A long-standing policy of Apple’s has put developers in a bind: because there’s no direct way to charge users for updates to apps, they are forced to turn to methods that anger their customers.
When the App Store was created back in 2008, Apple decided that developers wouldn’t be allowed to charge for upgrades to iOS software. iPhone and iPad users would be able to buy an app once and never have to worry about paying for it again. This was one of the ways Apple set itself apart from the much more established Windows software ecosystem, in which users were regularly asked to pay significant sums for new versions of applications.
Eight years later, it’s become obvious that this policy was idealistic, if not Pollyannaish. It’s just not realistic to ask developers to spend the time and effort doing to work to keep their apps current with no way to be paid back for it.
The situation would be different if developers could simply stop working on an app when it does everything they want it to and then have it remain viable for years, but this isn’t possible. Every time Apple updates iOS, changes made to the operating system require modifications to third-party software. This means that apps that haven’t been updated since iOS 6 can be very unstable on a tablet or phone running iOS 7.1.
So with every update to the operating system — whether major or minor — developers have to check to be sure a tweak to the OS hasn’t broken some feature of their app(s). If it has, they are expected to figure out how to fix it and then release an update, for free.
The need to find a way to charge for upgrades has become painfully obvious, with that pain mostly being felt by the very developers who have played a critical role in making the iPad and iPhone into the very useful devices they are today.
Developers have come up ways to deal with this issue, but these all have significant drawbacks. There’s something Apple could do to solve it, though, once and for all.
One of the ways software developers have come up with to cover the expense of upgrading their apps is to charge for optional new features via in-app purchases. Asking users to pay for a new feature or two can defray some of the cost of being sure the whole app continues to be stable.
The downside of this is not all the users of an app will pay for the new feature, but all users will get the benefit of the stability improvements that the in-app purchase is partially paying for.
Another strategy some developers are following is quite a bit more controversial: they will simply stop working on an app and release a new one that has all the same features, plus usually some additional ones. In short, users of the app are asked to pay for it again.
Those who bought the old version can continue to use it, but as new iOS versions are released it will become increasingly unstable. This group will also miss out on new features being added to the follow-up version.
While this method has the potential to bring is a significant amount of revenue, it inevitably causes a storm of complaints. Anyone who has spent much time in the Apple App Store has probably run across applications whose reviews are jammed with angry comments because the developer is asking customers to buy a new version.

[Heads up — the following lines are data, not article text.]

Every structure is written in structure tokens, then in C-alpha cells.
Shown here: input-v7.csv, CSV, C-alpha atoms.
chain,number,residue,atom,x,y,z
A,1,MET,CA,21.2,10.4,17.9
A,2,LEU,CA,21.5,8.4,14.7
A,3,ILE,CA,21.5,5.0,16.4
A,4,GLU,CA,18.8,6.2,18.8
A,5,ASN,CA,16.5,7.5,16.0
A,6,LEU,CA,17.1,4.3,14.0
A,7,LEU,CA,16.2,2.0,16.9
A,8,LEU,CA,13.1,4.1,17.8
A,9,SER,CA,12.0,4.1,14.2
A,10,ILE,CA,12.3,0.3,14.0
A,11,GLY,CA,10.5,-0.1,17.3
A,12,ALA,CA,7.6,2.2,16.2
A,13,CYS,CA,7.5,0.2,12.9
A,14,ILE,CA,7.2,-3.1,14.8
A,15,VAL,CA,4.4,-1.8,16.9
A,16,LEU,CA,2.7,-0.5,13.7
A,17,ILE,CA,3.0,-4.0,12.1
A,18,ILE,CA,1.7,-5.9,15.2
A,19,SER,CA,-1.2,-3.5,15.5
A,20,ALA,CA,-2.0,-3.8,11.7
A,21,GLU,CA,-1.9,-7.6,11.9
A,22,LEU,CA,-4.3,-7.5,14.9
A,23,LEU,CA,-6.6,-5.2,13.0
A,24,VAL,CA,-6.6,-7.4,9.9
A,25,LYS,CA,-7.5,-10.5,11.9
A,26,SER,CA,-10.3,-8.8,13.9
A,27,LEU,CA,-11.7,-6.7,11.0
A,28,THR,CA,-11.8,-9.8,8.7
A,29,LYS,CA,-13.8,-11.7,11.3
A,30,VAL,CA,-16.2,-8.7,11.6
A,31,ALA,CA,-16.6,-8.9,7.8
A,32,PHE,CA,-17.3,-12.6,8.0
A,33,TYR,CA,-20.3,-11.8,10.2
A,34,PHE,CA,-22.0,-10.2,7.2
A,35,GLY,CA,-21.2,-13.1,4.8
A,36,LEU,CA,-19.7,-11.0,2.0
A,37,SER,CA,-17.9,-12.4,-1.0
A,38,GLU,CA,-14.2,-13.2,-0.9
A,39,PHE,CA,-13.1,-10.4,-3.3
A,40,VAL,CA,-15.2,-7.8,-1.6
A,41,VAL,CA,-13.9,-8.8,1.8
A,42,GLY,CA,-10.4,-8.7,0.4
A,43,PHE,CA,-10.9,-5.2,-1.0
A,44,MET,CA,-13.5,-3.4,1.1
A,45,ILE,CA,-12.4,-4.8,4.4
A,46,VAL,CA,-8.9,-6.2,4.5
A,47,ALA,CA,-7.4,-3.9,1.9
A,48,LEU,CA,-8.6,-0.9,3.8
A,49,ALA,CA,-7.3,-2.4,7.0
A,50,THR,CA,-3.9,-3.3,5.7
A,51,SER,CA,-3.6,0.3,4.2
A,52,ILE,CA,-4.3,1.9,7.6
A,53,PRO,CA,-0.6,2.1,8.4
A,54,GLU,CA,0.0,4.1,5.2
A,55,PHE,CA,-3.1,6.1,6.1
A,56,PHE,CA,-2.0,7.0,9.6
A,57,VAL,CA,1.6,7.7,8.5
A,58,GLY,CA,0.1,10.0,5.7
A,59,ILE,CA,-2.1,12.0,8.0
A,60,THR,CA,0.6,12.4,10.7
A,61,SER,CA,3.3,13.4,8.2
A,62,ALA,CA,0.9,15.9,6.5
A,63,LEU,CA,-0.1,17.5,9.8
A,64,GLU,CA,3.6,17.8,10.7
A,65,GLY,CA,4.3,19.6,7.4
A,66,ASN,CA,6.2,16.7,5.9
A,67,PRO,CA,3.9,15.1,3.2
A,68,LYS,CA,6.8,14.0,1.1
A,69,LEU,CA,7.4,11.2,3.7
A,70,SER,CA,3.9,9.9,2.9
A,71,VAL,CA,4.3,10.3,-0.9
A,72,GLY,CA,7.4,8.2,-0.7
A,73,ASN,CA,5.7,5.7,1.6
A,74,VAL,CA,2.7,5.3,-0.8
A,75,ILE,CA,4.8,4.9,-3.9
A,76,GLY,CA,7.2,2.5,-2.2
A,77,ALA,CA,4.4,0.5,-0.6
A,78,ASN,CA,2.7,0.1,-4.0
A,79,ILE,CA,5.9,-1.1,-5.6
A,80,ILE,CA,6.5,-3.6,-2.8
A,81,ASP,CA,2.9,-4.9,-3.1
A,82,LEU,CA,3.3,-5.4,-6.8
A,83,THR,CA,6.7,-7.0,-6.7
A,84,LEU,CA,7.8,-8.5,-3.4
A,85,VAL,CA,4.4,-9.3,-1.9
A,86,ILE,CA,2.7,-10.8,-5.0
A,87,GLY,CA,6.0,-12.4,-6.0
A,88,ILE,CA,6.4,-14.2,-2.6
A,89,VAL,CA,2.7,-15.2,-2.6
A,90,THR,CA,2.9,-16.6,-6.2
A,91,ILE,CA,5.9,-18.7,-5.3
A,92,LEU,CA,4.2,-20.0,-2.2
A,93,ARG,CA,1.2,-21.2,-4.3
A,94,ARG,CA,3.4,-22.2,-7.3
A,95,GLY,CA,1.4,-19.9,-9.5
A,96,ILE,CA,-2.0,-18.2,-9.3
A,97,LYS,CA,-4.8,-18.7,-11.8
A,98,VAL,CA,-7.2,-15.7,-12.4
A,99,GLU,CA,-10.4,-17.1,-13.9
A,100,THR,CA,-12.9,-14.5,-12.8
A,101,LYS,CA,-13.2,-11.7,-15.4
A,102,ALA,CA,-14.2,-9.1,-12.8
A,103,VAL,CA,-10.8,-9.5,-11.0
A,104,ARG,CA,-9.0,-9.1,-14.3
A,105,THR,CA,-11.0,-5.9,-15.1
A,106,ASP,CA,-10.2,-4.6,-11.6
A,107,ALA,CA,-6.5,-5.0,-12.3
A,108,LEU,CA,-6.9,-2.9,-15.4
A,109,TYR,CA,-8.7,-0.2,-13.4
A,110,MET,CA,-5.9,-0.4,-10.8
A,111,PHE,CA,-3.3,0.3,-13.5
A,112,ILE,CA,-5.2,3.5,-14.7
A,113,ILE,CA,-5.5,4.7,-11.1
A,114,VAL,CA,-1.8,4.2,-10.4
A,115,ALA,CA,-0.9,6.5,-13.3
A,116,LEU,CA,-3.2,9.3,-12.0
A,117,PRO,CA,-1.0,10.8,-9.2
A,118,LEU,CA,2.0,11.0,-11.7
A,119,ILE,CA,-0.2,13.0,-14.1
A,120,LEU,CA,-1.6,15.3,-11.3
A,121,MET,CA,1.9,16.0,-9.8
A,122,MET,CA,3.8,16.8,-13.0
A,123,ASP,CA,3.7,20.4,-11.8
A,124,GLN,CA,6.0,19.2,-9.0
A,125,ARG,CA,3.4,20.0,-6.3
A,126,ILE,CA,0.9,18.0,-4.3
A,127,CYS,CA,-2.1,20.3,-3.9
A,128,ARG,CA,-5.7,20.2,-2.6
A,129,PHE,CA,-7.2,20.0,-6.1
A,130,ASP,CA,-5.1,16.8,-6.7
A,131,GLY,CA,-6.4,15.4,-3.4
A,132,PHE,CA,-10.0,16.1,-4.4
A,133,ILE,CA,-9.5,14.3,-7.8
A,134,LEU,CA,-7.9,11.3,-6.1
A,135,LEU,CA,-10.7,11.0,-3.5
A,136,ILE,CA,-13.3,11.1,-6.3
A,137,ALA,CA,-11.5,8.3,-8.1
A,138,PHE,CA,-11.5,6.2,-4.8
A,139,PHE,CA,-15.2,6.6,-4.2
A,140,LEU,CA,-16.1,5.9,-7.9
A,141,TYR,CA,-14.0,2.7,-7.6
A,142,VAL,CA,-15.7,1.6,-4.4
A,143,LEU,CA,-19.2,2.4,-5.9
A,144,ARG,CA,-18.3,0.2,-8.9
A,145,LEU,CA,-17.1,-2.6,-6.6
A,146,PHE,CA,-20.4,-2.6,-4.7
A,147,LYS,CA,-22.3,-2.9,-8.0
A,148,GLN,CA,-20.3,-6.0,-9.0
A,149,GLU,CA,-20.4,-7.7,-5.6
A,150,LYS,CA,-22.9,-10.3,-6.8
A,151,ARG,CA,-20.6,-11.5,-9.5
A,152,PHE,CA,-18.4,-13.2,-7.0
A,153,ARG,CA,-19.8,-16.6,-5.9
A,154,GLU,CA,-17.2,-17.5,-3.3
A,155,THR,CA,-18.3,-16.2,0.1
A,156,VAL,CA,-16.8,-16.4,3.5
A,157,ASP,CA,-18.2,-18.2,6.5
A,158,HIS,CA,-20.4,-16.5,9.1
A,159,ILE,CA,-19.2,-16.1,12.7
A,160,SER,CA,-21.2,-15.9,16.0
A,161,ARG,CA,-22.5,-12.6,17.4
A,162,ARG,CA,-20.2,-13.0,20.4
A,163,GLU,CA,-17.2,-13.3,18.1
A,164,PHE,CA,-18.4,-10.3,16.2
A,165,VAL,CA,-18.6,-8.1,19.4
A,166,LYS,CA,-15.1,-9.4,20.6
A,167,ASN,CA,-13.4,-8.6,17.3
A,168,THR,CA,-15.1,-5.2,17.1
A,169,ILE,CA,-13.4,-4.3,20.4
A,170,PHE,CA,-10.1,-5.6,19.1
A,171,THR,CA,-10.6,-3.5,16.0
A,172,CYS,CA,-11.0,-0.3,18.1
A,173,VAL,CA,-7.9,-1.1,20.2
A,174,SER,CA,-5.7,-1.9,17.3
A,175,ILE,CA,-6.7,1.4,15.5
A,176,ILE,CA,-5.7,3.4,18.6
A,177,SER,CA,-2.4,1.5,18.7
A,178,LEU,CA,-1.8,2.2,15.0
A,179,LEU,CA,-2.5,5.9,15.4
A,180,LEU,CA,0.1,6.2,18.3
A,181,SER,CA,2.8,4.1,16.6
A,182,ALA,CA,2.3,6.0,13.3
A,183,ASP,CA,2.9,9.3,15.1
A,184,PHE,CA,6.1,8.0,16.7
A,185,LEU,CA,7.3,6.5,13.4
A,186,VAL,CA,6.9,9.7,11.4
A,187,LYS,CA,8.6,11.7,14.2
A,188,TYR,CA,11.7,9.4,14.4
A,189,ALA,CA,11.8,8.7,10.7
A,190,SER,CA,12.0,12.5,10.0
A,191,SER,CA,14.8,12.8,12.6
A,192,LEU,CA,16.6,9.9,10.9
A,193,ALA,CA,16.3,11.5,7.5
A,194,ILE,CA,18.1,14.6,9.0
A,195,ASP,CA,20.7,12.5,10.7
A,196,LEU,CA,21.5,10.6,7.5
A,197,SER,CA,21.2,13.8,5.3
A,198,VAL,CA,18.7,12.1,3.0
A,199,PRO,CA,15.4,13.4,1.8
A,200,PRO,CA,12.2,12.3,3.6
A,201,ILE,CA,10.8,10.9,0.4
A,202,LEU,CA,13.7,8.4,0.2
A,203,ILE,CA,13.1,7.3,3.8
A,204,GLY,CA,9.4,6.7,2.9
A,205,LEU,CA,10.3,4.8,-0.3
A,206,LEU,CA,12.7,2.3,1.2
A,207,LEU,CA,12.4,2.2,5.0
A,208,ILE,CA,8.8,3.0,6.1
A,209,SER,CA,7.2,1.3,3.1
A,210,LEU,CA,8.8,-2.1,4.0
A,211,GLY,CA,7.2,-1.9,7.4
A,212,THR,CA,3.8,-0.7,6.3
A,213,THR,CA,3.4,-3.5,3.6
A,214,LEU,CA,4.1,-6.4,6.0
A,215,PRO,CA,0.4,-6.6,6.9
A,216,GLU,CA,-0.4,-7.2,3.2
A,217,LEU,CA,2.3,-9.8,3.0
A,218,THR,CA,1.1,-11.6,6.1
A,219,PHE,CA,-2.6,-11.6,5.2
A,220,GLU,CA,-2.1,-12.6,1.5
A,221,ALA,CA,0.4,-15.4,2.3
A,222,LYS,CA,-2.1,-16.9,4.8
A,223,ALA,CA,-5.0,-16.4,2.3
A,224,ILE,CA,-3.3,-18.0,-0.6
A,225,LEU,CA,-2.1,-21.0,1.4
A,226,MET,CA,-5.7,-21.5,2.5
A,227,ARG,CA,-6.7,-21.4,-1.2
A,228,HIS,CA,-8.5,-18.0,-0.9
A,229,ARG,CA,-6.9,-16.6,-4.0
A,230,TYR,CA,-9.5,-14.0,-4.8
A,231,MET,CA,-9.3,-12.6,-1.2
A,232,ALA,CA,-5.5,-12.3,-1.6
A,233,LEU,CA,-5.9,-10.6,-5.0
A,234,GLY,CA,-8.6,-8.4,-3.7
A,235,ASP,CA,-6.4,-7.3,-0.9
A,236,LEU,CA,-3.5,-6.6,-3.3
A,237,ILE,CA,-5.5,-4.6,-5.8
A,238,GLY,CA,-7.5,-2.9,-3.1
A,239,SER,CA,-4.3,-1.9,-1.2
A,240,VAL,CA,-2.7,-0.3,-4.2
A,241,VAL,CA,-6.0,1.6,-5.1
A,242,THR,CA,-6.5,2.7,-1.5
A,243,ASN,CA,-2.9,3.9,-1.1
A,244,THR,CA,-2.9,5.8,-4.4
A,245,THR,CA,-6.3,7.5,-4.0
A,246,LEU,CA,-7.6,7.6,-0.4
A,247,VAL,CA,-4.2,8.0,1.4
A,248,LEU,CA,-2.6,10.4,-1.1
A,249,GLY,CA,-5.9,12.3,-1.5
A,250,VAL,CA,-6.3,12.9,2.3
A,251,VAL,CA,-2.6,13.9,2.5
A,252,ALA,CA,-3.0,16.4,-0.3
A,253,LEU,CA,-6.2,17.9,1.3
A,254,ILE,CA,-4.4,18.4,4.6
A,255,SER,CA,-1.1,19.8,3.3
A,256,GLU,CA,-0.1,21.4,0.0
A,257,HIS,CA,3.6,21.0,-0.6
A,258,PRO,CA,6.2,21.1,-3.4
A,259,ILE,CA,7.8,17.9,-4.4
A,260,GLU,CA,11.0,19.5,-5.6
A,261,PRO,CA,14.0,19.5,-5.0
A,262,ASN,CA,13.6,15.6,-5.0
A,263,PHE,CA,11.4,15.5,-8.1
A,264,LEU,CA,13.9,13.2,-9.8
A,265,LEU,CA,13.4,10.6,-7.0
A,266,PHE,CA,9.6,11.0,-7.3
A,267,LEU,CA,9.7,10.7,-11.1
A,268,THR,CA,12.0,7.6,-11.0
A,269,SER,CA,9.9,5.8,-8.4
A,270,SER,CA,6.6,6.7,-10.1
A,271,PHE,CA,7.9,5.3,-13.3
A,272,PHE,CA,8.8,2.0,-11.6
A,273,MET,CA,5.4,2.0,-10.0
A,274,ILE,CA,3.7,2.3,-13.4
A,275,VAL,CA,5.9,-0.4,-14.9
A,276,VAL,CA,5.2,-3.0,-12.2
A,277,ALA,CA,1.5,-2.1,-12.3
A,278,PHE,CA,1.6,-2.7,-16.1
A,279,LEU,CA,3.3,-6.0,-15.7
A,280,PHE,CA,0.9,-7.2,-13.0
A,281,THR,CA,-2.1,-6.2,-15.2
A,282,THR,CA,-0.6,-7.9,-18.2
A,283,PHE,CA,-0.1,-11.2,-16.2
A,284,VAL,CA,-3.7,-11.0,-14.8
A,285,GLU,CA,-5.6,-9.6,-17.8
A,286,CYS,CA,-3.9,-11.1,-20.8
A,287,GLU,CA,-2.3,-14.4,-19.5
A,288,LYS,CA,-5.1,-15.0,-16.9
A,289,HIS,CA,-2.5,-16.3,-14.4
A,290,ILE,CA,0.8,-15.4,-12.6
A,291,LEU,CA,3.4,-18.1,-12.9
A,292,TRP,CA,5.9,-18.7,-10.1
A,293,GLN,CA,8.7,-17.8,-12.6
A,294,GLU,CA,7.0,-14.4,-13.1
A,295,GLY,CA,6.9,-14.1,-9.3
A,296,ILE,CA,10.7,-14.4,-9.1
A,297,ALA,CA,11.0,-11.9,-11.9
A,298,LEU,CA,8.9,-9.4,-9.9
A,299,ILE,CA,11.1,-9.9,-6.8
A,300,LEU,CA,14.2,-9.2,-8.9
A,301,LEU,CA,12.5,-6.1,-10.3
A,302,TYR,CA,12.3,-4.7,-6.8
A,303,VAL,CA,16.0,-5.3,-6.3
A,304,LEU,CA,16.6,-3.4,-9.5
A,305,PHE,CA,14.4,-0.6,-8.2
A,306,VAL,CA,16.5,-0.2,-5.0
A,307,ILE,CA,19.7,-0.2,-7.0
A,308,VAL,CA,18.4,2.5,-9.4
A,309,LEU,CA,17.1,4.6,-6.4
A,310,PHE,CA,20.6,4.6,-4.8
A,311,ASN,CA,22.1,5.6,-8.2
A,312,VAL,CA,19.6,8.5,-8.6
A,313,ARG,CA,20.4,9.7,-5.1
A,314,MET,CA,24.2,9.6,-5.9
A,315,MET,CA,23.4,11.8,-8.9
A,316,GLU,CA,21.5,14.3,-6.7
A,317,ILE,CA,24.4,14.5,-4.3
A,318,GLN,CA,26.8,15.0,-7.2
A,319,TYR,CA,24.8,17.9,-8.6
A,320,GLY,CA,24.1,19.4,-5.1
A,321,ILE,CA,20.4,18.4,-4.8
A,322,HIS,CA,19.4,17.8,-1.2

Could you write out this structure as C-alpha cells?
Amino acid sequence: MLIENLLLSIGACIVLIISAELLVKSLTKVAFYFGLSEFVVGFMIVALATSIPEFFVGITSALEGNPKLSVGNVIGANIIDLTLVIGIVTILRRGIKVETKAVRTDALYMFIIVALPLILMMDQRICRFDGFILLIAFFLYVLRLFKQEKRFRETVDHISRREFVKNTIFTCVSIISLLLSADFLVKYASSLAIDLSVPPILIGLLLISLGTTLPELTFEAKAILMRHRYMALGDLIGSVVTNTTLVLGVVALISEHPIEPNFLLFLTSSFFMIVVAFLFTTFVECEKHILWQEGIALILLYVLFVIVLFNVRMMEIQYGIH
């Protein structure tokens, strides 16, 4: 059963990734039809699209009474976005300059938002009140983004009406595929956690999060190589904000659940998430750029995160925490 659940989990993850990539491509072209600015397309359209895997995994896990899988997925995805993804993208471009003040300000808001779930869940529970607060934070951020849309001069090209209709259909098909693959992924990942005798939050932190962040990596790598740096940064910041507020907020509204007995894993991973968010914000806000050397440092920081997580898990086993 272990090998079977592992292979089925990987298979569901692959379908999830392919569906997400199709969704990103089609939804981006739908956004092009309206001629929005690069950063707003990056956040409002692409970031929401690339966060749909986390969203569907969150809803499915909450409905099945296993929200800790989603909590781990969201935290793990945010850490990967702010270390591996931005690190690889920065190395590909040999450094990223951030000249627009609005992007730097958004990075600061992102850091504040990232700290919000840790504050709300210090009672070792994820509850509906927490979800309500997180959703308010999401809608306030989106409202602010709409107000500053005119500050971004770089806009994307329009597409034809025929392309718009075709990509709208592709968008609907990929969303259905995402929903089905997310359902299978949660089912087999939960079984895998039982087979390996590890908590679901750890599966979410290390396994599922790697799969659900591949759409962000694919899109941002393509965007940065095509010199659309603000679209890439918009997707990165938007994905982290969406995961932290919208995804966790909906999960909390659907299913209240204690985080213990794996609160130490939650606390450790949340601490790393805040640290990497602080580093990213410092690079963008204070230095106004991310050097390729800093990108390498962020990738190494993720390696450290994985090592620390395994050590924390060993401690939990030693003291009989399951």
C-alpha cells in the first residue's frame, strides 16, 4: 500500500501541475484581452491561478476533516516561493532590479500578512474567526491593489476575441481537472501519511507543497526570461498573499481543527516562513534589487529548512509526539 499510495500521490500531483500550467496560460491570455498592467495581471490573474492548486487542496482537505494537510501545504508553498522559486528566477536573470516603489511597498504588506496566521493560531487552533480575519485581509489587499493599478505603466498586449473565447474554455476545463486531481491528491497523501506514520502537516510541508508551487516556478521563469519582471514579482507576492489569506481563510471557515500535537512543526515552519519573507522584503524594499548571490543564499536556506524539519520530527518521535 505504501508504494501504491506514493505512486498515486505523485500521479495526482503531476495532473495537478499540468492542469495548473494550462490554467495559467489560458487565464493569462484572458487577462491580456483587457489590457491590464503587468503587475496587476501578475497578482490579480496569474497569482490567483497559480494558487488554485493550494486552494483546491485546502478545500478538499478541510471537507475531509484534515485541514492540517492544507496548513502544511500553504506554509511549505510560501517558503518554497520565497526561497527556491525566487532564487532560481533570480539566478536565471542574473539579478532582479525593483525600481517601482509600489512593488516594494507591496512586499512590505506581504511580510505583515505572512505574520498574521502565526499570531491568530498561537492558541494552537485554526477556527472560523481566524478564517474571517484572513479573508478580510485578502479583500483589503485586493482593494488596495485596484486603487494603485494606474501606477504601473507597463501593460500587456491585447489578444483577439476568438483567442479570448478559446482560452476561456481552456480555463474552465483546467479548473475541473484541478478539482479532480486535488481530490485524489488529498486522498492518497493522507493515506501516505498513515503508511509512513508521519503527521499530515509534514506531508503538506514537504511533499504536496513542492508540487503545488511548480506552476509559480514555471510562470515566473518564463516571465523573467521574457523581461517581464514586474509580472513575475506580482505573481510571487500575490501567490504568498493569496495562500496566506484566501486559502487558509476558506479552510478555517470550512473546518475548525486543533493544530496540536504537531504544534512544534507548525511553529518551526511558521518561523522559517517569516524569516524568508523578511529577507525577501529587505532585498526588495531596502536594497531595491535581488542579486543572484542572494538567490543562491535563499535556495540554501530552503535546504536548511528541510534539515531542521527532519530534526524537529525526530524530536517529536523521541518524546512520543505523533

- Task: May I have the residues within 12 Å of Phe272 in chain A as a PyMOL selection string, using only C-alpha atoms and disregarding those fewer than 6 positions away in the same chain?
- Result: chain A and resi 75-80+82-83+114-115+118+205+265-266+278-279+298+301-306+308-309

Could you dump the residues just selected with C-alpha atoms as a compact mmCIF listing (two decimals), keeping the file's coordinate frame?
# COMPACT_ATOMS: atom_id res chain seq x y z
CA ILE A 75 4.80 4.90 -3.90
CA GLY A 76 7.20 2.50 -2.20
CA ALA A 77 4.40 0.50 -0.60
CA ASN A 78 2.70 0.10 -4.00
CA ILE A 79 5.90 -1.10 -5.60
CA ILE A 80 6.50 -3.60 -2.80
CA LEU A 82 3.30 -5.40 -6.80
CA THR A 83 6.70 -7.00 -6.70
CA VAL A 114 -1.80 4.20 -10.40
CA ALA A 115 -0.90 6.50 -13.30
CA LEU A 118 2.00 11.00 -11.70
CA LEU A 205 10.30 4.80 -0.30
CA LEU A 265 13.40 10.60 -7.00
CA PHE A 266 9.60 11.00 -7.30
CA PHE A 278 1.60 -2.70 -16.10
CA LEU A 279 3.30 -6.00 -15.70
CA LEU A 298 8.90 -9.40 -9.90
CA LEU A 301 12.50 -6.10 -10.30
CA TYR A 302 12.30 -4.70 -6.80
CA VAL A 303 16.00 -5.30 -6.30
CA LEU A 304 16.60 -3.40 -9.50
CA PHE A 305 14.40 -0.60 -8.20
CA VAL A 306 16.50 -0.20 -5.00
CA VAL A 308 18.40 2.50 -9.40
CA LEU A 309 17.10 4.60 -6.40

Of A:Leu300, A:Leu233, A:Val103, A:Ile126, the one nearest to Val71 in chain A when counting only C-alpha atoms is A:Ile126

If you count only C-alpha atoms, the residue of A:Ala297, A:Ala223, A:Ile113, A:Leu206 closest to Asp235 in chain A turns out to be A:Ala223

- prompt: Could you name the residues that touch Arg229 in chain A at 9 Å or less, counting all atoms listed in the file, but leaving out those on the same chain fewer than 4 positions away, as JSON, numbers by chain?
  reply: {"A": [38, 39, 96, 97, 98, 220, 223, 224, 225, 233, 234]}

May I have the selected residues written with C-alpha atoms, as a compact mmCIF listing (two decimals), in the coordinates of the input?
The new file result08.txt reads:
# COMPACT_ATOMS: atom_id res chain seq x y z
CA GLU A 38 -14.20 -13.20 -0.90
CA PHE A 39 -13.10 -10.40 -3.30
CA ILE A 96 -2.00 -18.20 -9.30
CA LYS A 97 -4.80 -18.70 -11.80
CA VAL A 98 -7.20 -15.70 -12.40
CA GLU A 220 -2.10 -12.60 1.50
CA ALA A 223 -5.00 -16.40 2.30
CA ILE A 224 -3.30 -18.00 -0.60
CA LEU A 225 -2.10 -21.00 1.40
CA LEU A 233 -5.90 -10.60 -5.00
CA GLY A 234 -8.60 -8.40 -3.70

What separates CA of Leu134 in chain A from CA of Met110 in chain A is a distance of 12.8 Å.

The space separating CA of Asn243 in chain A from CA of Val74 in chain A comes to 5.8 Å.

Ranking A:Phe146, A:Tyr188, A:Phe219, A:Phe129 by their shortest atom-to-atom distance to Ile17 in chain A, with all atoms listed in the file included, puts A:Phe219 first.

The third strategy developers can try is to charge for subscriptions. The software is usually free, but users must pay a monthly or yearly fee to get some of all of its features. This is the route Microsoft is going with Office for iPad: Unlocking all the features requires subscribing to Office 365.
This isn’t something that will work for most developers; those who have a relatively simple app will have a very hard time convincing customers to sign up for a monthly or yearly subscription to get it.
There’s a simple way to solve this problem that should satisfy almost everyone: Apple could allow developers to charge customers for upgrades.
While this isn’t likely to be tremendously popular with users, they would certainly benefit from it in the form of more stable apps as well as a larger selection of them. Small developers would want to upgrade their applications because they would get the money needed to cover the costs. And there are companies that have avoided releasing iOS software because they recognize that keeping an app updated for an unlimited number of years without a way to recoup the day-to-day expenses isn’t good business.
Of course, developers wouldn’t be required to charge for updates, it would just become a possibility. And there would be some market pressure on developers to not charge exorbitant upgrade fees. There are very few really unique iOS apps, so if one gets a reputation for trying to wring too much money out of users, there will surely be a mass exodus to a more customer-friendly alternative.
Still, if Apple takes this step, it should consider ways to prevent unscrupulous individuals from abusing the system. There are a number of options the company could explore. Perhaps the charge for an upgrade could be no more than a small percentage of the original cost of the app, or maybe developers would only be permitted to release a single for-pay upgrade a year.
While a significant departure, there are clear advantages for everyone involved: users, developers, and Apple itself. Given that, it’s high time Apple made paying for upgrades part of the iOS app economy.
If this doesn’t happen, then users will need to accept that they can’t get something for nothing — developers have to find alternative ways to cost the expenses incurred by updating their apps, and users must stop flaming developers for using them.